Foreword Review — Jan / Feb 2011
The hundreds of men, women, and sadly, children staring back at the reader from the pages of Where We Worked have three things in common—they do not smile, their thin and stringy bodies evoke hard work and hard times (seventy-hour work weeks were the norm in nineteenth-century America), and all of their jobs—blacksmith, cobbler, hat maker, cowboy, even telephone operator—are now a thing of the past.
Museum scholar, author, and historian Jack Larkin has pulled together a rich collection of photographs, drawings, lithographs, newspaper cartoons, and advertisements, mostly from the Library of Congress, but also from labor unions, public libraries, and a few from his own family album, to create a picture of the hardest-working people in the history of the world.
And, as Larkin reminds us, it isn’t a pretty picture. Not only were work hours long, but the working conditions were unbelievably bad by today’s standards. Work was often so dangerous that disease and death were were taken for granted by the workers themselves. Painters and typesetters spent every day inhaling fumes of poisonous lead. The deadly fulminate of mercury used in making hats gave workers “the Danbury shakes,” so-called because Danbury, Connecticut, was the largest hat manufacturing town in America in the nineteenth century. The Chinese workers constructing the railroads were killed on the job with such frequency their plight gave rise to the phrase “Chinaman’s chance,” meaning no chance at all.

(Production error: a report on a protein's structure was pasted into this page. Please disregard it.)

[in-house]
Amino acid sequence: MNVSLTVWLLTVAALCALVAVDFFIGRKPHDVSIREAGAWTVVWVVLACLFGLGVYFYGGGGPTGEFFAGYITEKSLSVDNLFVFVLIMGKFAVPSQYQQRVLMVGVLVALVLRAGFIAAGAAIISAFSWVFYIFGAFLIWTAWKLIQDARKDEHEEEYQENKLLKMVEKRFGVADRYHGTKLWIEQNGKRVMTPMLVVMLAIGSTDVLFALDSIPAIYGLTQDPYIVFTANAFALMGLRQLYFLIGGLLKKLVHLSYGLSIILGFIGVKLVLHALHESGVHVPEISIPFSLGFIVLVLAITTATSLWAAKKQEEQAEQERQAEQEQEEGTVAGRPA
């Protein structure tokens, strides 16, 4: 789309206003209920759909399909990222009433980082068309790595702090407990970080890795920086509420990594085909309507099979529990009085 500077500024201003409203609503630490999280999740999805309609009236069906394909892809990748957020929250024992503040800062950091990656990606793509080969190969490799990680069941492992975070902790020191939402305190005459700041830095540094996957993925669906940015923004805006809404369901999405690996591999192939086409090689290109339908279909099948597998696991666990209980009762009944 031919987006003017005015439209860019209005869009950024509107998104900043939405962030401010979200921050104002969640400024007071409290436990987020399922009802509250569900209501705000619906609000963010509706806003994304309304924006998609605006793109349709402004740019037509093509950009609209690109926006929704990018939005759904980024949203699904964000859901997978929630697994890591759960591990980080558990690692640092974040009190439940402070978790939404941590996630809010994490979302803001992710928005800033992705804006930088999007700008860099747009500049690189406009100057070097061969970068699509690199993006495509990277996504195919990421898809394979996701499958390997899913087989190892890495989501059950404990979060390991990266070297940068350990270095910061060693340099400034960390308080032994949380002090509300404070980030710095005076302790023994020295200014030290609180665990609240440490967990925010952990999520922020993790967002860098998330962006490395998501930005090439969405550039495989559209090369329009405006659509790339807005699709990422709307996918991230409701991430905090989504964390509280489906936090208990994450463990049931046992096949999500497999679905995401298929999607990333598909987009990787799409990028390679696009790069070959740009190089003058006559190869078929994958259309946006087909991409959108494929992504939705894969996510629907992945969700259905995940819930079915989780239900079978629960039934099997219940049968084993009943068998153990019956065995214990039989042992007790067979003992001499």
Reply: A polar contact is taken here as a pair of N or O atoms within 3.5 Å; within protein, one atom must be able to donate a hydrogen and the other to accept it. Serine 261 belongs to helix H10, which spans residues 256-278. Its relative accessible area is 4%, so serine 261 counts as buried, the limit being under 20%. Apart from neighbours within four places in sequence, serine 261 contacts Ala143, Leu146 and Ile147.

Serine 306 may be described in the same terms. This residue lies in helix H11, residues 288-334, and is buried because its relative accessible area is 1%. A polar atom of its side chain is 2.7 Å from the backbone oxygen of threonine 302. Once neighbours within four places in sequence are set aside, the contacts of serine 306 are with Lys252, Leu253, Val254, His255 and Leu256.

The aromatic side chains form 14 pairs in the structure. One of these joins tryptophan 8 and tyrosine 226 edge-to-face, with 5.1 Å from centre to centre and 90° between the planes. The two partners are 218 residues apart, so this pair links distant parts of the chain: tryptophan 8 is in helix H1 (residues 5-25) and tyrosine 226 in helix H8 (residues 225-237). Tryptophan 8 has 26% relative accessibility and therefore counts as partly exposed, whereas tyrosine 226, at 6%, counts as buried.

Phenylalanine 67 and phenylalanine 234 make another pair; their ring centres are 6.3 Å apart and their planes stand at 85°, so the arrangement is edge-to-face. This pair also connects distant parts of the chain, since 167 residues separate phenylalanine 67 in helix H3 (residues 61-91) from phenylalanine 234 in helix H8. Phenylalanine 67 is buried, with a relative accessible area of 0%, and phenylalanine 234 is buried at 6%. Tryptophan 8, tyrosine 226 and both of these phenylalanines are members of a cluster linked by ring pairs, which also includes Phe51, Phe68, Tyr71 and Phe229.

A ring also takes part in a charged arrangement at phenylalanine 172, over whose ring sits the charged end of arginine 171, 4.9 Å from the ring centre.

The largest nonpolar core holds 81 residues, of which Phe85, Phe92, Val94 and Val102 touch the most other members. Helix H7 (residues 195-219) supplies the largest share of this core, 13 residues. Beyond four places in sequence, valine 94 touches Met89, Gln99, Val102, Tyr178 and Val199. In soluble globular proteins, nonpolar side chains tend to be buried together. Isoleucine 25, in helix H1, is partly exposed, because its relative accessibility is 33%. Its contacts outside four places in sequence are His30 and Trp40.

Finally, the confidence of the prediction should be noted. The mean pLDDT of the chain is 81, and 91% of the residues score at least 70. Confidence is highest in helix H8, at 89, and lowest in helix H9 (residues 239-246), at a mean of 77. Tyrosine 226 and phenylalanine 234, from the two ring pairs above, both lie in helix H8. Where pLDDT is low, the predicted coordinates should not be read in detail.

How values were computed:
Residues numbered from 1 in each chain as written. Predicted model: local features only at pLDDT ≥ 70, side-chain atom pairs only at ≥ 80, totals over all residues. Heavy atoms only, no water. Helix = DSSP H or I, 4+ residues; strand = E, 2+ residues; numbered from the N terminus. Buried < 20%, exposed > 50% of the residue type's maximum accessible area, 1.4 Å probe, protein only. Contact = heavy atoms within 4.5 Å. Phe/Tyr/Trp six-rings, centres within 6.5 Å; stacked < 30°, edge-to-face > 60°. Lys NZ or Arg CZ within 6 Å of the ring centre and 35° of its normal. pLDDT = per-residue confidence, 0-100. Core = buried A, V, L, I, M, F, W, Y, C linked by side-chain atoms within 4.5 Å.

But Where We Worked is also a story of great innovation, ingenuity, and change. As Larkin points out, a farmer in 1620 Plymouth Colony would have been at home on an American farm 200 years later, because very little had changed. By 1840, however, that same farmer would have been lost. The locomotive, the cotton gin, Cyrus McCormick’s mower and thresher, even the sewing machine, would change the world of work forever. Every innovation in farming or manufacturing paradoxically caused massive unemployment. Some job skills lasted less than a lifetime. Even the venerated open-range cowboy, so much a part of literature and film today, found his heyday lasted only thirty years, from the end of the Civil War until the government shut down the open ranges in 1896.
This lively and down-to-earth book journeys from the dawn of the nineteenth century through the 1930s. It will especially appeal to the young adult reader who has never seen a dial telephone, much less a telegraph, textile mill, or blacksmith shop. It’s fascinating reading.